George Trapp: “CSL #3157 is at 77th Street Depot.” (Railway Negative Exchange Photo)
CSL 577 and 536 pass each other near downtown. Bill Shapotkin writes, “Believe this pic looks S-S/E on Milwaukee Ave from approx Des Plaines. The bridge x/o the joint MILW/PRR tracks.” (Railway Negative Exchange Photo)
CSL 5012. The sign “Stock Yards Direct” may provide a clue as to which route this is. (Railway Negative Exchange Photo) M. E. writes, “Magnifying the picture twice, the destination sign reads Racine – Downtown. Also, the side roller sign says Racine. Because of the Santa Fe in the background, and because the streetcar appears to be on a diagonal street, I think the streetcar is on Archer Ave. heading northeast. It will turn left (north) on either Clark St. or State St. to get downtown. As for the Stock Yards Direct sign, the Stock Yards are in the opposite direction. Heading southwest on Archer, the Racine car line went south on Wallace (600 West) to Root (4132 South), west to Halsted (800 West), south to 47th St., west to Racine (1200 West), south to 87th St. The Stock Yards were in the square mile bordered by Pershing, Halsted, 47th and Ashland, so the Racine car ran alongside the Stock Yards from Root and Halsted to 47th and Racine.”
CSL 3154 at the Clark-Arthur loop. (Railway Negative Exchange Photo)
CSL 1457, during its days as a salt spreader. (Railway Negative Exchange Photo) George Trapp: “CSL #1457 is in Devon Depot open South Yard, note Pullman PCC in 4300’s alongside.”
CSL 3134, southbound on Broadway-State. (Railway Negative Exchange Photo)
CSL modernized small Pullman 804 on south Cicero Avenue near Midway Airport. (Railway Negative Exchange Photo)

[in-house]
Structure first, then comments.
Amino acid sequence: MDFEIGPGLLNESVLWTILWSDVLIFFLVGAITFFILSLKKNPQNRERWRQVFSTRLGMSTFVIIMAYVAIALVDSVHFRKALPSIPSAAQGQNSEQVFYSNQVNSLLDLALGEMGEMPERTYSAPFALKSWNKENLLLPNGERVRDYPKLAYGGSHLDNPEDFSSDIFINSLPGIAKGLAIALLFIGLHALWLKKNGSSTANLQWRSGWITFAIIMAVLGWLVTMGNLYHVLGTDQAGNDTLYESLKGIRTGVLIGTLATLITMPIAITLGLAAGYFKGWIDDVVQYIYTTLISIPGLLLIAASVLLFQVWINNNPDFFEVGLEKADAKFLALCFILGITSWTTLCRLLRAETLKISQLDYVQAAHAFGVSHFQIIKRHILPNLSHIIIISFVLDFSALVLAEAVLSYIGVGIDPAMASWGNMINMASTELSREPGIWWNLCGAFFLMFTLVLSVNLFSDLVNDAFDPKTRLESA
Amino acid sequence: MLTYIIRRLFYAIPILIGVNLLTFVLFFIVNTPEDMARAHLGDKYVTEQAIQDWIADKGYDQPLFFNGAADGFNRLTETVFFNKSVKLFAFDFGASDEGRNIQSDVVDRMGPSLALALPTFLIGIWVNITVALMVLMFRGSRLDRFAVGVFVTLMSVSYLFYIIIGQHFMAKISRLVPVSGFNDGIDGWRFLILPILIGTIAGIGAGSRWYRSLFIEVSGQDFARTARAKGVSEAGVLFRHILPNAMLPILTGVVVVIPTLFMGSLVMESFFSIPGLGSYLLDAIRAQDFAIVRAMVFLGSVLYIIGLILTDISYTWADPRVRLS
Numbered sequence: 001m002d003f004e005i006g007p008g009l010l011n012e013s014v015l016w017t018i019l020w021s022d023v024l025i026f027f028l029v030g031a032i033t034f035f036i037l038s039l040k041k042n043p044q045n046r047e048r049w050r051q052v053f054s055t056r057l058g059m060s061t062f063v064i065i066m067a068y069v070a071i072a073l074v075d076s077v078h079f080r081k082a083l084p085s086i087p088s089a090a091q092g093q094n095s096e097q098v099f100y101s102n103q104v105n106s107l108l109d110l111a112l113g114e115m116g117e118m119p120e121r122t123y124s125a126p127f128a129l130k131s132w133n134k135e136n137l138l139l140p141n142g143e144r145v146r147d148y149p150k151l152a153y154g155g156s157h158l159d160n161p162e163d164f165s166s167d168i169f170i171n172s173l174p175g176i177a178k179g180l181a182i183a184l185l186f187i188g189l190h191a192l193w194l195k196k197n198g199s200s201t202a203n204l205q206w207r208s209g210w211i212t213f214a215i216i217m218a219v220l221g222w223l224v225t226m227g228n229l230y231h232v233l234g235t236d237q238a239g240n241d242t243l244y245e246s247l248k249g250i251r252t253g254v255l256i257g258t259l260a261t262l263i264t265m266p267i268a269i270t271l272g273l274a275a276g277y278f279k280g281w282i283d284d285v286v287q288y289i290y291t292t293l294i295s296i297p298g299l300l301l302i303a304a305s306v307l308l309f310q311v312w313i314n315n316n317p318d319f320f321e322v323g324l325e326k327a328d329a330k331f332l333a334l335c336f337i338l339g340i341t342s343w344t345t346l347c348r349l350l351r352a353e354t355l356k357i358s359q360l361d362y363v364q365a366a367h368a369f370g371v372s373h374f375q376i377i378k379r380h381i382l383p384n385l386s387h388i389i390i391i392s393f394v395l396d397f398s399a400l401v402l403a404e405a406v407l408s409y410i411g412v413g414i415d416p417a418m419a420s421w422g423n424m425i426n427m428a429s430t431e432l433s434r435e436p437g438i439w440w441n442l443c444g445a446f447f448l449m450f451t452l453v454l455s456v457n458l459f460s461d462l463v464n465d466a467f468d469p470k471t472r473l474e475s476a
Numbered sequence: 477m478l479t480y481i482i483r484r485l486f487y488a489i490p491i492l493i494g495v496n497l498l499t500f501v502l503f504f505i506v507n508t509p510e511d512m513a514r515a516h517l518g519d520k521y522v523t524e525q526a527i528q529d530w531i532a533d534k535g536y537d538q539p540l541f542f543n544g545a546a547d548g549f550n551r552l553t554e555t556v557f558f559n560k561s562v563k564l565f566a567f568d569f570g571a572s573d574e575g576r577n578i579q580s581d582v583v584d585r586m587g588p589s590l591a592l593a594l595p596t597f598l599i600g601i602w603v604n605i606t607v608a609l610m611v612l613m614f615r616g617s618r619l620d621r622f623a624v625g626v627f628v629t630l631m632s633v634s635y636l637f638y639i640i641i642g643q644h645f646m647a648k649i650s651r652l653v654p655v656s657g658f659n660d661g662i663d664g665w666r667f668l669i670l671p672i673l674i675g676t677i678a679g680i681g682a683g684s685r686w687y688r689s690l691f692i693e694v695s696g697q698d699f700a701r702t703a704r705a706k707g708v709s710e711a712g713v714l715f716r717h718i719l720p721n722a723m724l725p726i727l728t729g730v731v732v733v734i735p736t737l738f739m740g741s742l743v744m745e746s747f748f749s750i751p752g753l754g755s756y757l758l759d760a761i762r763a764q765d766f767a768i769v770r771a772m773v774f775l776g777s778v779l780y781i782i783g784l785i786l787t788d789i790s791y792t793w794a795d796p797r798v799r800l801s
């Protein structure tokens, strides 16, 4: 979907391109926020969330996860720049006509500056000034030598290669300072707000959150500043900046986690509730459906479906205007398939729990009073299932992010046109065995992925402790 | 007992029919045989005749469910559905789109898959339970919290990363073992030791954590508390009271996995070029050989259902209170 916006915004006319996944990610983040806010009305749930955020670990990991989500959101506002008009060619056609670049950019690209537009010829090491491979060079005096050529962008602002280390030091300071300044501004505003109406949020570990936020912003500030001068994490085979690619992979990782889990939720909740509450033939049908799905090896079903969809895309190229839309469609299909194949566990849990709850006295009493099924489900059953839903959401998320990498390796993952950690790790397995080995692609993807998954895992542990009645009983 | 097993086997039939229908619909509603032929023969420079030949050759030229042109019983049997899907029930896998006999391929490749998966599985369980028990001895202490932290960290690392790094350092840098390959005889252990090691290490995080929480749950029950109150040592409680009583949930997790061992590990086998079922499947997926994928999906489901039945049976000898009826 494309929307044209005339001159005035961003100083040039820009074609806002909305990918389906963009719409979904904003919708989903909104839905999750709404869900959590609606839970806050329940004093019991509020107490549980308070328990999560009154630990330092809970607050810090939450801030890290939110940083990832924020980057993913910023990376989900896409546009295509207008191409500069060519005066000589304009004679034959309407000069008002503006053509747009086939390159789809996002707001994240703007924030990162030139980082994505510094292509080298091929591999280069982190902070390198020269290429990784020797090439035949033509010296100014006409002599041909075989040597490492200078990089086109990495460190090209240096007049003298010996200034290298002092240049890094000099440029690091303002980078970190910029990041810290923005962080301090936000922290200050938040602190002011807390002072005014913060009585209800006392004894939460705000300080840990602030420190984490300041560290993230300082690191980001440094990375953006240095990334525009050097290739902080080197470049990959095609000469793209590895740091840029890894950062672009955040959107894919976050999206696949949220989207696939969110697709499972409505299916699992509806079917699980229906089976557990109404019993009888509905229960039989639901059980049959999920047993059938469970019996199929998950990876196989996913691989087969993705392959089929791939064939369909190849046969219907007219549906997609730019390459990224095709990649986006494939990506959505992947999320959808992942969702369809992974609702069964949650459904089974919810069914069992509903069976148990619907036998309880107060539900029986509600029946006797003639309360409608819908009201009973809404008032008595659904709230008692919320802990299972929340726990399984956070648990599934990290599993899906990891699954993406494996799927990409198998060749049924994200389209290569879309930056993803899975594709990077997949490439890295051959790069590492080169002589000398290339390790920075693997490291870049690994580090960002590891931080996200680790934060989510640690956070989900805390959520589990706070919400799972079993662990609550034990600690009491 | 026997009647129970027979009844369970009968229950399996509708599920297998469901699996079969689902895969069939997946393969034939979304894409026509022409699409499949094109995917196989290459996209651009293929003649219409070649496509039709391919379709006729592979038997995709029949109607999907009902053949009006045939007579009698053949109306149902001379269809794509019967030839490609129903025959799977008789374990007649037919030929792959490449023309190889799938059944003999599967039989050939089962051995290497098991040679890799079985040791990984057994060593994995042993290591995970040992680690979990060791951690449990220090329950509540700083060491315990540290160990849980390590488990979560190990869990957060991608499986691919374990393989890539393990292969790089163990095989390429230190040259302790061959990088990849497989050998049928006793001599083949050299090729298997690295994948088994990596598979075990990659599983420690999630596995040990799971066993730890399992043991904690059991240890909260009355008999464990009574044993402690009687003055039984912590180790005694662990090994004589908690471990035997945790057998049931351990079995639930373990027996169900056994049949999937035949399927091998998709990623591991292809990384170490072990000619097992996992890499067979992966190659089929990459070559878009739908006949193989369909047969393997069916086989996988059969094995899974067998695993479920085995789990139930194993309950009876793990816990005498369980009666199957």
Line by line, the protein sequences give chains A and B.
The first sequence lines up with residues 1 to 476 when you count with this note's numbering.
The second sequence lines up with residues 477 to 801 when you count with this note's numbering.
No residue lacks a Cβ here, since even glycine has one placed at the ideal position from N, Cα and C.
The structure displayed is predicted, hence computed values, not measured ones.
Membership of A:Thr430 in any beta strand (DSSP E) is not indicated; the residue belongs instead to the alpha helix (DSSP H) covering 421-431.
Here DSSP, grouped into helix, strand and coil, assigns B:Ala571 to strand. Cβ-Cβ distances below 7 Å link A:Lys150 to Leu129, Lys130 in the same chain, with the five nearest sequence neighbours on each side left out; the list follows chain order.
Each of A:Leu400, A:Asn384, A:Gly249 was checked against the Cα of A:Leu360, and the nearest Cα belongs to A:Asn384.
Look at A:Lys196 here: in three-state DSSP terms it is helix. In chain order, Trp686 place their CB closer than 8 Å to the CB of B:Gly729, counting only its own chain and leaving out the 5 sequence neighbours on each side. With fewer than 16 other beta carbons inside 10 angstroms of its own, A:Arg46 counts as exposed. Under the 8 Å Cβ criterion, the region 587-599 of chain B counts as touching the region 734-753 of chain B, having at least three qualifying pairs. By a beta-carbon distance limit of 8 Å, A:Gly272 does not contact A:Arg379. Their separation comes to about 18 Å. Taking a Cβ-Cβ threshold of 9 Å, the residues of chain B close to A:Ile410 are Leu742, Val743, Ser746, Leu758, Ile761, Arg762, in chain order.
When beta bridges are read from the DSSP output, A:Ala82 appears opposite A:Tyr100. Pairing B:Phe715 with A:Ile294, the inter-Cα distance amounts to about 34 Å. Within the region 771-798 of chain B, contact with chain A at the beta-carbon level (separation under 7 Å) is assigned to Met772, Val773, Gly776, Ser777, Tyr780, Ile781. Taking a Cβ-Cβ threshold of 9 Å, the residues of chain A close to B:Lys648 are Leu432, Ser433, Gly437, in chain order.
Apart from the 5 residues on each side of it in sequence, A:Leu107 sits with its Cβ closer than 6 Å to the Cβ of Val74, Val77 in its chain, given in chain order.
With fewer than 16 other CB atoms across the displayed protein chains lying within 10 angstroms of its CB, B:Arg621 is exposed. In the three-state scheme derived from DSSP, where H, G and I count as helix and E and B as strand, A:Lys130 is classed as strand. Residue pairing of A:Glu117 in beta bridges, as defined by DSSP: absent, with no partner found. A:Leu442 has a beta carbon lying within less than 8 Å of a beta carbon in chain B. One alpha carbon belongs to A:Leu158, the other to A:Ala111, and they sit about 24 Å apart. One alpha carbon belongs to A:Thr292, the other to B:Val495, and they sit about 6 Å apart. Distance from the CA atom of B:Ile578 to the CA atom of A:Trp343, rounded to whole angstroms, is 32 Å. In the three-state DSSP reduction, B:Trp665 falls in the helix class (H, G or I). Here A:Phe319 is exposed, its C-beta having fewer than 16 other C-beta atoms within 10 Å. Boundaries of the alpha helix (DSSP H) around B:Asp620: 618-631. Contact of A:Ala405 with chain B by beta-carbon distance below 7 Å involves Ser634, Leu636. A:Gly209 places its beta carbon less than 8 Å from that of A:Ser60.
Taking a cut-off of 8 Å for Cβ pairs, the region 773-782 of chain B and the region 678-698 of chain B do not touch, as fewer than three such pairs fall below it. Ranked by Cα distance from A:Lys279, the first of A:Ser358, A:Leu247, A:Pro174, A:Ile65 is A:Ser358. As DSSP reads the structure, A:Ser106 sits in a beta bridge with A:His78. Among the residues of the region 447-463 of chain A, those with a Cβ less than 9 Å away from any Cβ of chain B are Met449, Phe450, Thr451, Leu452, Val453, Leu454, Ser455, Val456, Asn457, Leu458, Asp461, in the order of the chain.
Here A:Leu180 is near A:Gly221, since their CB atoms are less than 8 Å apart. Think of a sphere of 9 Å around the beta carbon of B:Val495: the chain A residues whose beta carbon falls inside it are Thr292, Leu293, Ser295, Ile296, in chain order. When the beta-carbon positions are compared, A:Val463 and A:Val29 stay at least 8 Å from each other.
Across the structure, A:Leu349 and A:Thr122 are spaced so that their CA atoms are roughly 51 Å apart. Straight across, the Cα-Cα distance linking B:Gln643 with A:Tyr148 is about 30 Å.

CSL 5915. (Heier Industrial Photo) Patrick writes, “Photos 953, 952 and 947 are taken in front of the Eighth Street Theater http://www.artic.edu/aic/resources/resource/2002?search_id=1&index=0 , which was home of the WLS National Barn dance as can be seen on the marquee in 947. The featured streetcars are southbound on Wabash. The taller building to the left still exists. The theater and the nearer tall building were demolished for exposition space for the Hilton (former Stevens) Hotel.”
CSL 5777. (Heier Industrial Photo)
CSL Sedan 3351. Note the marquee on the Eighth Street Theater at right, advertising the WLS National Barn Dance, which was broadcast “every Saturday.” George Trapp: “(The) three shots on Wabash at Eighth were probably taken in Summer of 1947 when the Sedans were beginning to replace the Nearsides on Routes 4 and 5 after being bumped off of Route 22 by new PCC’s.” (Heier Industrial Photo)
CSL 3100. If the sign at right is any indication, that is probably the South Side Park “L” at rear. (Railway Negative Exchange Photo) M. E. thinks this streetcar is on the 18th Street line, which “started at Leavitt (2200 West) and Blue Island, went north on Leavitt to 18th St., then east to probably Michigan Ave.” George Foelschow: “I believe 3100 is eastbound on 18th Street crossing South Clark Street. There was a Catholic church at 18th and Clark. The 18th St. line ended at State. Track on 18th east of State and Wabash turned south on Indiana and was used by Indiana and Cottage Grove cars.”